An Introduction to Soba: Japanese Buckwheat Noodles
Traditional Japanese Flavors
Soba; a delicious, healthy alternative to ramen.
A relatively easy-to-make dish, soba (蕎麦, そば) noodles are one of the most famous traditional foods found in Japan. Archaeological evidence shows that buckwheat has been cultivated in Japan since the Jomon Period (about 10,000 years ago).
In the simplest terms, soba is made from finely ground buckwheat mixed with water into a dough, cut into long, thin noodles, then boiled. It’s essentially the same process as making pasta. Soba is then served with tsuyu (つゆ), a soup base made from dried bonito and kombu kelp dashi (stock) and soy sauce, and other toppings or condiments.
The most common soba dish condiments are spices such as ichimi togarashi (hot chili pepper), shichimi (seven spice pepper blend), wasabi and green onions.
At some restaurants, you may be given a bowl or teapot of soba-yu after your meal. Soba-yu is the water the noodles were cooked in and contains the same vitamins and minerals as the noodles themselves. It doesn’t have much flavor, but it is nice on a cold winter’s day, or to add to your remaining tsuyu if you wish to drink that as well.
A health food—unless you’re allergic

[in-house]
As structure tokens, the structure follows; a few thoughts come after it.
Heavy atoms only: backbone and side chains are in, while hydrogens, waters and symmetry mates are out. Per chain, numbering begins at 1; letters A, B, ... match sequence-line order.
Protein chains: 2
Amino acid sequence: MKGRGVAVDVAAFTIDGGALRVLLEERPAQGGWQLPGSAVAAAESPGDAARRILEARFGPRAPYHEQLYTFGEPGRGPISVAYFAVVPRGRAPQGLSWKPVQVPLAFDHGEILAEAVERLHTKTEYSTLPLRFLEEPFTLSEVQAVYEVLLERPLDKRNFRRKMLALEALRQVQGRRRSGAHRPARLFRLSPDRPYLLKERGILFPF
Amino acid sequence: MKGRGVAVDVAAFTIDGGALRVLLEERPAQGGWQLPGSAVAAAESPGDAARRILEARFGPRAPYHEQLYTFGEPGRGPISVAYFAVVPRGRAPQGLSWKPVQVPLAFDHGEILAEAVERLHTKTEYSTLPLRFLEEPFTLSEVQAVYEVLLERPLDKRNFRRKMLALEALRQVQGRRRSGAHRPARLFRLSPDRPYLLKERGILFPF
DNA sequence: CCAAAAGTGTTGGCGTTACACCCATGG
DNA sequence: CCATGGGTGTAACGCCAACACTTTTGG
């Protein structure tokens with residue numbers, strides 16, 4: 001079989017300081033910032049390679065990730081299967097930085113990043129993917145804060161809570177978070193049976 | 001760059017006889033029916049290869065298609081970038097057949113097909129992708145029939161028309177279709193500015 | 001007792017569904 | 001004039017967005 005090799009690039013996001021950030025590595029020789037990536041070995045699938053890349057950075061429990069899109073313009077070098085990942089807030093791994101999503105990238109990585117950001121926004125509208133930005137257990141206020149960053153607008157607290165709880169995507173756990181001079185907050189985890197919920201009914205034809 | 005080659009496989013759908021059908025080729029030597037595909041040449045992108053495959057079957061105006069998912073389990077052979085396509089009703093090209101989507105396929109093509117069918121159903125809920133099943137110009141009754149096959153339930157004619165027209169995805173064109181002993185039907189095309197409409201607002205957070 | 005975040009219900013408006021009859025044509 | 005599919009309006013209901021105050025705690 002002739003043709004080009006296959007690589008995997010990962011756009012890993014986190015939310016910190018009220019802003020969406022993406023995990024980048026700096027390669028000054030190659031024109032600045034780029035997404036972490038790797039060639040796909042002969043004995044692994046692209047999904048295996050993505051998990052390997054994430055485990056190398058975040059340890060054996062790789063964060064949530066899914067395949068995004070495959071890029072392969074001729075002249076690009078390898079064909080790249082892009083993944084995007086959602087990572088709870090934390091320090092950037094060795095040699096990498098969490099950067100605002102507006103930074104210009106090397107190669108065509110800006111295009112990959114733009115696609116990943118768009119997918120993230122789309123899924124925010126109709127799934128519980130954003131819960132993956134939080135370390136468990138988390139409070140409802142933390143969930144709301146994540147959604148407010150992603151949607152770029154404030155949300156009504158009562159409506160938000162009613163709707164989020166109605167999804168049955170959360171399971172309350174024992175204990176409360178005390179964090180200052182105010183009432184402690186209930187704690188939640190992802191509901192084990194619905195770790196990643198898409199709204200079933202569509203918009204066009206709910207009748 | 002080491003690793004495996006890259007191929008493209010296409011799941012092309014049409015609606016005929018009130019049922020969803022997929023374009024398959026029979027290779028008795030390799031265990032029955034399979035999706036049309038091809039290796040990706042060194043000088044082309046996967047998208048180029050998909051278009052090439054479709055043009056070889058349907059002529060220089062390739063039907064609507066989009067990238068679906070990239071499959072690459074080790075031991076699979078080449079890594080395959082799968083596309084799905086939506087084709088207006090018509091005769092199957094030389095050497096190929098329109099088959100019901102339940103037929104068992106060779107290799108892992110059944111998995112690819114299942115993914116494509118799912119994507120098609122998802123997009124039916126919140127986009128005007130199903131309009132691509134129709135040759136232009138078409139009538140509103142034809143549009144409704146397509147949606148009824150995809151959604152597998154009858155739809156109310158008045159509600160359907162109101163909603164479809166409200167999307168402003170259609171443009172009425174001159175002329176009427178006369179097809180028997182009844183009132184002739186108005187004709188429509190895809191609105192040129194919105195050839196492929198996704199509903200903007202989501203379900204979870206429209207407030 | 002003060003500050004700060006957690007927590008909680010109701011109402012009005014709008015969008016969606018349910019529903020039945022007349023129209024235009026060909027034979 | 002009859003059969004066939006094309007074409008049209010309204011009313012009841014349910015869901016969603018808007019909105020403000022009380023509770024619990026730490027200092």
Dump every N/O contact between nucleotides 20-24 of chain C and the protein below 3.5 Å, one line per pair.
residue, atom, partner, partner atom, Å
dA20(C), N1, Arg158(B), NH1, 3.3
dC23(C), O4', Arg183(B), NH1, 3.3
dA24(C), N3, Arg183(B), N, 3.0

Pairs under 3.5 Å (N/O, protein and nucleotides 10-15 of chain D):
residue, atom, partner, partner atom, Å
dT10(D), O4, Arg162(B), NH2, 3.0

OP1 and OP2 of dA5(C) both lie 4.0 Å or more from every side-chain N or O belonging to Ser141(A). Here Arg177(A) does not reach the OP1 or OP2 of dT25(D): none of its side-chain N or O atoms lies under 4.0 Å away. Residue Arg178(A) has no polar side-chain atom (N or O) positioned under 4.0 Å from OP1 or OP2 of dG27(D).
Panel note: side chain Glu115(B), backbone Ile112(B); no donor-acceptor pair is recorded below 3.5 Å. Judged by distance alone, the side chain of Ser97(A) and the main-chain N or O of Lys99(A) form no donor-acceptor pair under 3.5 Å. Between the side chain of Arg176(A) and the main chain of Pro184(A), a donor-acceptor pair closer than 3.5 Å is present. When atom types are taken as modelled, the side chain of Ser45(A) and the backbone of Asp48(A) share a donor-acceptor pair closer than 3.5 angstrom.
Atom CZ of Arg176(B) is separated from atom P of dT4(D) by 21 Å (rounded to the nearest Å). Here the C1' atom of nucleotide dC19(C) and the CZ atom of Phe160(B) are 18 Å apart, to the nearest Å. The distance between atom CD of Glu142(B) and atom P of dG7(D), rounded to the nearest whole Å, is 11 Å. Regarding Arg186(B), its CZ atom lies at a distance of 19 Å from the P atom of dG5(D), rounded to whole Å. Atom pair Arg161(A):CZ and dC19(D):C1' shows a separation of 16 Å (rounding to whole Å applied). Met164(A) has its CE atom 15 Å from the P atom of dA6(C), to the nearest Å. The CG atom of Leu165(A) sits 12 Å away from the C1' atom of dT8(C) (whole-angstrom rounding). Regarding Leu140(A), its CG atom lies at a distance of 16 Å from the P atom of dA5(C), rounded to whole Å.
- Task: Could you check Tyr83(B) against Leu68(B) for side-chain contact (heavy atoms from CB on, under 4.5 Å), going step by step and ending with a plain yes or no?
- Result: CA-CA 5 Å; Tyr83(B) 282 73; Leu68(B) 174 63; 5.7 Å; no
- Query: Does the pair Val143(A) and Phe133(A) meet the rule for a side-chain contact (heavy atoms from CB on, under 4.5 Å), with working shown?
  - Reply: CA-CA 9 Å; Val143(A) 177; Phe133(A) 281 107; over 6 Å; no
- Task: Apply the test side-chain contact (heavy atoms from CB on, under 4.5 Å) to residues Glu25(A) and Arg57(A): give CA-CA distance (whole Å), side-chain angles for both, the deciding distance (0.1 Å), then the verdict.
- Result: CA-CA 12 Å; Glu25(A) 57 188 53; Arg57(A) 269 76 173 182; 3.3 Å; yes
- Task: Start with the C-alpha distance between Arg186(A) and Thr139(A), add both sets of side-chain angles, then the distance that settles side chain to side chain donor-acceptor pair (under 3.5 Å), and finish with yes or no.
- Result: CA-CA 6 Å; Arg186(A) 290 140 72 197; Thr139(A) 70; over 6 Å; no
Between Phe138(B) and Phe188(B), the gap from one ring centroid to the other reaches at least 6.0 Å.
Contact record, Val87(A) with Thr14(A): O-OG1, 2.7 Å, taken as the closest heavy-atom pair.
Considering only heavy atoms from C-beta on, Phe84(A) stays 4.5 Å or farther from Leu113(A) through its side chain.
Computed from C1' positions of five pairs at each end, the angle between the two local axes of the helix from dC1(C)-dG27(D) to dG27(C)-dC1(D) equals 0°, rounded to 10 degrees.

The average serving of soba noodles falls in the 250-400 kcal range and is known for its vitamins B1 and B2, rutin and dietary fiber content. Compared to udon noodles and ramen it also has a relatively low Hypo-glycemic Index (GI) level, so it’s a safe alternative for dieters as well.
It also contains very little to no gluten, which makes it a good alternative for those with coeliac disease. That being said, soba dishes may also be high in sodium, so if you need to watch your salt intake, you may want to plan your other meals accordingly.
One concern that some may have with eating soba is a buckwheat allergy. While rare, it does happen and can be fatal. Individuals from countries where buckwheat is uncommon or those with allergies to rhubarb and garden sorrel should be especially careful.
Symptoms of a soba allergy start almost immediately after eating the noodles and can range in severity. Anaphylactic shock and death are obviously the most severe. Other symptoms include a burning or stinging sensation in the mouth, itching on the lips and in the mouth, and swelling of the lips, tongue and throat. Later-onset symptoms may include stomach pain, nausea, vomiting and diarrhea.
The three basic forms of soba
Soba noodles can be served in one of two ways: hot or cold.
Kake soba (かけそば)
Kake soba is soba served in a hot tsuyu broth with various toppings as well as the condiments mentioned above. You can choose to drink the broth (directly from the bowl) if you like or leave it aside if you are concerned with salt intake.
Zaru soba (ざるそば)
Zaru soba is a plate of cold soba noodles with a small cup or bowl of cold tsuyu dipping sauce on the side along with chopped green onions and wasabi. They’re most often served with sliced nori seaweed on top (known as mori soba). Add whatever condiments you like to the tsuyu, then simply pick up a mouthful’s worth of noodles, dip them in the tsuyu and enjoy.